Pure evil in Chicago


Evil is more than something in the eye of the beholder, and someone who can’t recognize evil when he sees it reveals a lot about who he is and where he comes from.

Some of the reaction in high places to the horrific kidnapping and physical abuse of a mentally deprived 18-year-old white youth by four black youths — two young men and two young women — this week in Chicago is more shocking than the hate crime itself.

The particulars of the crime are brutal, bordering on gruesome: the young white man was abducted in a Chicago suburb, forced into a stolen van, taken to an apartment on the West Side of Chicago, where he was beaten, slashed, bound and gagged with duct tape, and tortured over two days. He was finally released, bleeding, naked and disoriented, where the police found him wandering on the frozen streets of Chicago, not knowing who he was or where he was.

The police quickly found his captors, who were proud of their hatred. They had made videos of the torture sessions, in which he was forced to drink from a toilet, and posted the videos on social media. The videos show him, with a knife at his throat, forced under pain of death to cry out “f– Trump” and “f– white people.” In one of the videos of the youth being forced to drink from the toilet, a voice is heard yelling, “drink that s– now! Drink the toilet water, b––! Say f– Trump! Say f– Trump!”

The pain, the squalor and the humiliation of the crime were enough to sicken Chicago policemen who thought they had seen everything. “It’s sickening,” said Eddie Johnson, the superintendent of Chicago police. “It makes you wonder what would make individuals treat somebody like that. I’ve been a cop for 28 years, and I’ve seen things you shouldn’t see in a lifetime, but it still amazes me how you still see things that you just shouldn’t.”

The superintendent, a black man, was astonished, like millions of newspaper readers and television watchers across the country, by the pure hatred that could drive such evil. But not everyone was so sickened and disgusted.

Don Lemon, the CNN anchor and talkfest host, told his cable-TV audience, “I don’t think it’s evil. I think these are young people and I think they have had bad home training.” Mr. Lemon, who raises legitimate questions about his own “home training,” might think “evil” was the hangover he woke up with after he got spectacularly drunk on camera at a New Year’s Eve broadcast from New Orleans.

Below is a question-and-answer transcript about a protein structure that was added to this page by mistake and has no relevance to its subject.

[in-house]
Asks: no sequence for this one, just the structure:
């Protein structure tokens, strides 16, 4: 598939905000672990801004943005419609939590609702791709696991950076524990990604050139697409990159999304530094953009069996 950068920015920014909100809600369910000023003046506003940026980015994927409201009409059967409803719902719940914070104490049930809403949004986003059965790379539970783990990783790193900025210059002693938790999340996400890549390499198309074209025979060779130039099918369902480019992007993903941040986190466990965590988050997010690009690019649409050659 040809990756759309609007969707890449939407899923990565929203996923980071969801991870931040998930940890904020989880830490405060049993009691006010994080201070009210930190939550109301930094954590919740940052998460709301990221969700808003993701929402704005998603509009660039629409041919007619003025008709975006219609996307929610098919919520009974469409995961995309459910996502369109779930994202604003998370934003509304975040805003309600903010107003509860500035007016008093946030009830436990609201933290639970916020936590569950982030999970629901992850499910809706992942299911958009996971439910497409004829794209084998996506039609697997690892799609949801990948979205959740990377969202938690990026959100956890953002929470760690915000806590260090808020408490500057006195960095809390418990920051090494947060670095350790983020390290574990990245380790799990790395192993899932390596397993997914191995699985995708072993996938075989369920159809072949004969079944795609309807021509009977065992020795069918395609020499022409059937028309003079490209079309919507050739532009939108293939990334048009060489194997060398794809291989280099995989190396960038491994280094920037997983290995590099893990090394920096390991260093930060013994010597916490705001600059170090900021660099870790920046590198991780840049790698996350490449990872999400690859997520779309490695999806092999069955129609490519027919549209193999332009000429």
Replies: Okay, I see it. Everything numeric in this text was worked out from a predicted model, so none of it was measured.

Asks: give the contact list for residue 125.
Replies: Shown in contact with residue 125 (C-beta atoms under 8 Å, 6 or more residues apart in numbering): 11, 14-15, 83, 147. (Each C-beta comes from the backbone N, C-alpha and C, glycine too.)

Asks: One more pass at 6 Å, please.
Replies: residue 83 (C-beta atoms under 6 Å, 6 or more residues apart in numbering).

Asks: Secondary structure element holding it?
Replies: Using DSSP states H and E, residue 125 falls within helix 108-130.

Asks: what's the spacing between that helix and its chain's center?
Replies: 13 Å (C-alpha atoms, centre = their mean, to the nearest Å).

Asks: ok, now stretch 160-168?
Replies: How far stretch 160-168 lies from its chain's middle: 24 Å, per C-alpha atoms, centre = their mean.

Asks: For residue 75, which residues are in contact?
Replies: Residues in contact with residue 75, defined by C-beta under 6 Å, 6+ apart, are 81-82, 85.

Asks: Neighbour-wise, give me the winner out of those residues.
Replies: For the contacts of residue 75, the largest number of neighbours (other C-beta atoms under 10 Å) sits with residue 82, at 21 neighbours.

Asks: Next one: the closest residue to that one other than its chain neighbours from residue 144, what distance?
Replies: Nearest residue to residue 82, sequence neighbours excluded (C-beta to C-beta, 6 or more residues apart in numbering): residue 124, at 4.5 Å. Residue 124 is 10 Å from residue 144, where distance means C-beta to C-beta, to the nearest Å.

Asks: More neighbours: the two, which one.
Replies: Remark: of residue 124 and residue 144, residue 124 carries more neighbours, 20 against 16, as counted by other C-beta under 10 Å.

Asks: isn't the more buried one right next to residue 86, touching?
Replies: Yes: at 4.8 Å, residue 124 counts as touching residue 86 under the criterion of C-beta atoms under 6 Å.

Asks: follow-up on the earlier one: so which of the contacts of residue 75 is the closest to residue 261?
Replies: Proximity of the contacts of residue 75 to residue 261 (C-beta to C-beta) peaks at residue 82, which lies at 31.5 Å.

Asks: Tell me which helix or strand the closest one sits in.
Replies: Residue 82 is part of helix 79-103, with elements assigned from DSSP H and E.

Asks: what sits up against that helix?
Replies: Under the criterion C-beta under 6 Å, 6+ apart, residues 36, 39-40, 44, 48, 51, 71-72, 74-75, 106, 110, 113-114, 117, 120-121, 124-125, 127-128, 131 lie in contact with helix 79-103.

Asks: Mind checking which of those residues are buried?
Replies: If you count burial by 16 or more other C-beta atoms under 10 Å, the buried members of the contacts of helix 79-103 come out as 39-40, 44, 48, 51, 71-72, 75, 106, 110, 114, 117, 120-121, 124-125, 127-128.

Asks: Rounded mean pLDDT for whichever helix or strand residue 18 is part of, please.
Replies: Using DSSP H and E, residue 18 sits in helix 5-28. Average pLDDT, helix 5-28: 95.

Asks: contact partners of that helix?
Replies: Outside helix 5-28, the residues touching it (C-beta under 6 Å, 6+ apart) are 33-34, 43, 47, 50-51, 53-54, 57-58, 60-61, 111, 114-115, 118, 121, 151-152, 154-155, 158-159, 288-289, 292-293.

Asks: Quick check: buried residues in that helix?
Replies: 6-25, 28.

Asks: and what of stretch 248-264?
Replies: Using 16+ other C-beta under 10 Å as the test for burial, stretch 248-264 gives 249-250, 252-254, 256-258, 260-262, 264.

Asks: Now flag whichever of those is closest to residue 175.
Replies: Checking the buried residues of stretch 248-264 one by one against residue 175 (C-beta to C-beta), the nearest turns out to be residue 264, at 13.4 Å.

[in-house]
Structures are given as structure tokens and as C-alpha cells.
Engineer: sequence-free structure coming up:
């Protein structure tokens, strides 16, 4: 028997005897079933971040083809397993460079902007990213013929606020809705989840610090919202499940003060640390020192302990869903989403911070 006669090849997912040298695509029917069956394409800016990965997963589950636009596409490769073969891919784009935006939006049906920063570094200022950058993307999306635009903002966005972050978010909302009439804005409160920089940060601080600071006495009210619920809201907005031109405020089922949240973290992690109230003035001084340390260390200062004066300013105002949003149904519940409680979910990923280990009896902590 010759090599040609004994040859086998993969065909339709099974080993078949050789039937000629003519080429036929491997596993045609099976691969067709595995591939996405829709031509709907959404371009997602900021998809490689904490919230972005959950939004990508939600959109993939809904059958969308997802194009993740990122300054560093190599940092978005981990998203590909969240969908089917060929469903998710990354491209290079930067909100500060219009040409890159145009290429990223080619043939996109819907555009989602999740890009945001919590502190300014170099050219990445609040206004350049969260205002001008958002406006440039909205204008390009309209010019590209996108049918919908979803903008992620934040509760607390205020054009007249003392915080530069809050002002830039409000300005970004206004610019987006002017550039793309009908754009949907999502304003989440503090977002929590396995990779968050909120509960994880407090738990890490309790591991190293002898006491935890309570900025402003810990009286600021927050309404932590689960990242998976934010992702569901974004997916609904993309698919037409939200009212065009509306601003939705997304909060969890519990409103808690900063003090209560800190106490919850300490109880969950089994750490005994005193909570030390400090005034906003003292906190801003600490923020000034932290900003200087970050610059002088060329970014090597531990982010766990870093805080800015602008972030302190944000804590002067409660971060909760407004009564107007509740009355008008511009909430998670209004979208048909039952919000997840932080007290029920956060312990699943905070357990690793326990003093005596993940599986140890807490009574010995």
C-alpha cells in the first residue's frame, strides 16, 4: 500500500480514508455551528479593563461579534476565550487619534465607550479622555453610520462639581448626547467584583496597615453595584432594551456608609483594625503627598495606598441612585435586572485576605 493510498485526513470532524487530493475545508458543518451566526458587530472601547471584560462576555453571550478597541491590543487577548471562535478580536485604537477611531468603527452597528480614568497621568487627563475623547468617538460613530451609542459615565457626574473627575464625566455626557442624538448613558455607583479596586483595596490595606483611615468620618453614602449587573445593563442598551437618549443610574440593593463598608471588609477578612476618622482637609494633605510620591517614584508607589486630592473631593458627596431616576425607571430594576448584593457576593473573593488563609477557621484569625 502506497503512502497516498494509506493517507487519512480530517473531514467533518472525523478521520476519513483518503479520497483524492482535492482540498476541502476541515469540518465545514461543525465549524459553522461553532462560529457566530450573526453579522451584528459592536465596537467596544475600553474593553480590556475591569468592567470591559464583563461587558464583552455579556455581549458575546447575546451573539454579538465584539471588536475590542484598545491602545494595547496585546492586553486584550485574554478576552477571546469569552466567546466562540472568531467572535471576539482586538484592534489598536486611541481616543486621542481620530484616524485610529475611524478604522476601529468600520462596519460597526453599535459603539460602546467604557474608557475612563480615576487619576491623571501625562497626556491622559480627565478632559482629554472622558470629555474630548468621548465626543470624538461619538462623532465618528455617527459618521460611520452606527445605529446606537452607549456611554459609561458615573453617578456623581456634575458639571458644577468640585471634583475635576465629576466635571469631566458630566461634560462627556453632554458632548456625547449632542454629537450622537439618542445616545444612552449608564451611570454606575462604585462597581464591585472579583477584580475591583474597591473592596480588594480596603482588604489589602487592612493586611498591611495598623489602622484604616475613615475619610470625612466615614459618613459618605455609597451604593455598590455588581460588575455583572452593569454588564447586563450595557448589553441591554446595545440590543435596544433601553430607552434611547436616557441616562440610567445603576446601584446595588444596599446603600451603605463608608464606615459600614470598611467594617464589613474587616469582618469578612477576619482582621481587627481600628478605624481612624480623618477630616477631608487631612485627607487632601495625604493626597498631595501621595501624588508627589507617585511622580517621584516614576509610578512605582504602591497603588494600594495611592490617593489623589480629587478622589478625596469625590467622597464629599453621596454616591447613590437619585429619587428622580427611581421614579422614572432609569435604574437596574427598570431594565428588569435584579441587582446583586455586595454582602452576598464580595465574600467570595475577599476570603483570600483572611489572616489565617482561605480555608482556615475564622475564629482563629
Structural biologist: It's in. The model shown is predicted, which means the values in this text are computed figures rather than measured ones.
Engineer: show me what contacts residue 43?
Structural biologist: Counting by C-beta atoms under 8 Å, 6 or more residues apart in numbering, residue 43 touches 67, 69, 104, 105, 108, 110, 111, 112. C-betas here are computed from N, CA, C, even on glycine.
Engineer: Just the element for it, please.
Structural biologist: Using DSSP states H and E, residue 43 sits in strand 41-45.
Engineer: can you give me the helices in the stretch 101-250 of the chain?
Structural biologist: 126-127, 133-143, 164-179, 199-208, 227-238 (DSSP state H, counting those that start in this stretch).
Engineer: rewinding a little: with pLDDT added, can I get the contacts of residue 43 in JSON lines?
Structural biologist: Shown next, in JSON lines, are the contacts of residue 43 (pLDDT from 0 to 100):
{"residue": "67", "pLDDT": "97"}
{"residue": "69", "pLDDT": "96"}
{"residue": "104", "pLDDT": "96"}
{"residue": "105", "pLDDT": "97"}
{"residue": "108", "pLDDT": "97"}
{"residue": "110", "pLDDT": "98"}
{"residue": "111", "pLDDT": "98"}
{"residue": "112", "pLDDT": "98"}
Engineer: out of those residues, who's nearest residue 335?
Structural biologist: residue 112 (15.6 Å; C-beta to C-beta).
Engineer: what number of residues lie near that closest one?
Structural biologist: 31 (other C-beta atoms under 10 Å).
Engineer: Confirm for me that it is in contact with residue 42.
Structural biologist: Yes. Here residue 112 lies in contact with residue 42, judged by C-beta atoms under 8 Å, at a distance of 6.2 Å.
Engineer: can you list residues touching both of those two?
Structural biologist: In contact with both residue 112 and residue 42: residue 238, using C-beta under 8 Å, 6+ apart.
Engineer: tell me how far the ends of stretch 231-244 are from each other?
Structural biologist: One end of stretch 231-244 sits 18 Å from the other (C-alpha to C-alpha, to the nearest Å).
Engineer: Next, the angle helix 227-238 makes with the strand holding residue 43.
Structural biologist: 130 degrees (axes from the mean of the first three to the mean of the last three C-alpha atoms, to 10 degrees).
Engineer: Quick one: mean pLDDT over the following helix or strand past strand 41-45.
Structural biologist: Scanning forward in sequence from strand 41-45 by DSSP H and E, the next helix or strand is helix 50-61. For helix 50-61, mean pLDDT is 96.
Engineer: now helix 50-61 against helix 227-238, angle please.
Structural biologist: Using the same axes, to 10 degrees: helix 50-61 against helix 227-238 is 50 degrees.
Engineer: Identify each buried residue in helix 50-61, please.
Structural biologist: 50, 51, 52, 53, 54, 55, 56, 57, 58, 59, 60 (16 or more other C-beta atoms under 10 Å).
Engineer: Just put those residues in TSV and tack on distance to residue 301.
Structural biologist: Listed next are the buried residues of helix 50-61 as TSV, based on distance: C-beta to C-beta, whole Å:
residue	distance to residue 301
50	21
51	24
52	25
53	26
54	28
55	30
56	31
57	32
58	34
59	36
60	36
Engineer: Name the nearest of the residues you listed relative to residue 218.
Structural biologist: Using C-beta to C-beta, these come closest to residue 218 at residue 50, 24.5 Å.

One of his CNN guests thought that torturing “someone who is mentally disabled … makes it even more sickening.” But another guest put it in the proper mainstream media context. Symone Sanders, a Democratic strategist and onetime press spokesman for Bernie Sanders, said the attack was “not a hate crime” if the suspects were motivated only by “hate of Donald Trump.”

The White House said it was too early to say whether the atrocity was a hate crime.


photo Pure evil in Chicago images

photo of Pure evil in Chicago

Relax Pure evil in Chicago stories

Attorney general pick Sessions has dueling images

Upperclassmen on the Wilcox County High School football team sometimes harassed the freshmen of 1964. But linebacker Jeff Sessions, a senior who was barely bigger than his younger schoolmates, didn’t join in.

Trump’s deportation vow spurs California farmers into action

Days after Donald Trump won the White House vowing to deport millions of people in the country illegally and fortify the Mexican border, California farmer Kevin Herman ordered nearly $600,000 in new equipment, cutting the number of workers he’ll need starting with the next harvest.

University of Maryland progressive students submit list of demands

A sequel of sorts to the 1975 film, “One Flew Over the Cuckoo’s Nest,” is playing out at the University of Maryland at College Park, where the inmates are threatening to take over the asylum. The cuckoo’s nest, which the movie set in Oregon, has been moved to College Park.

Obama’s racial legacy: key moments

From the moment Barack Obama was sworn in as the 44th president of the United States and America’s first African-American commander in chief, race took center stage in myriad ways in the national conversation.

More stories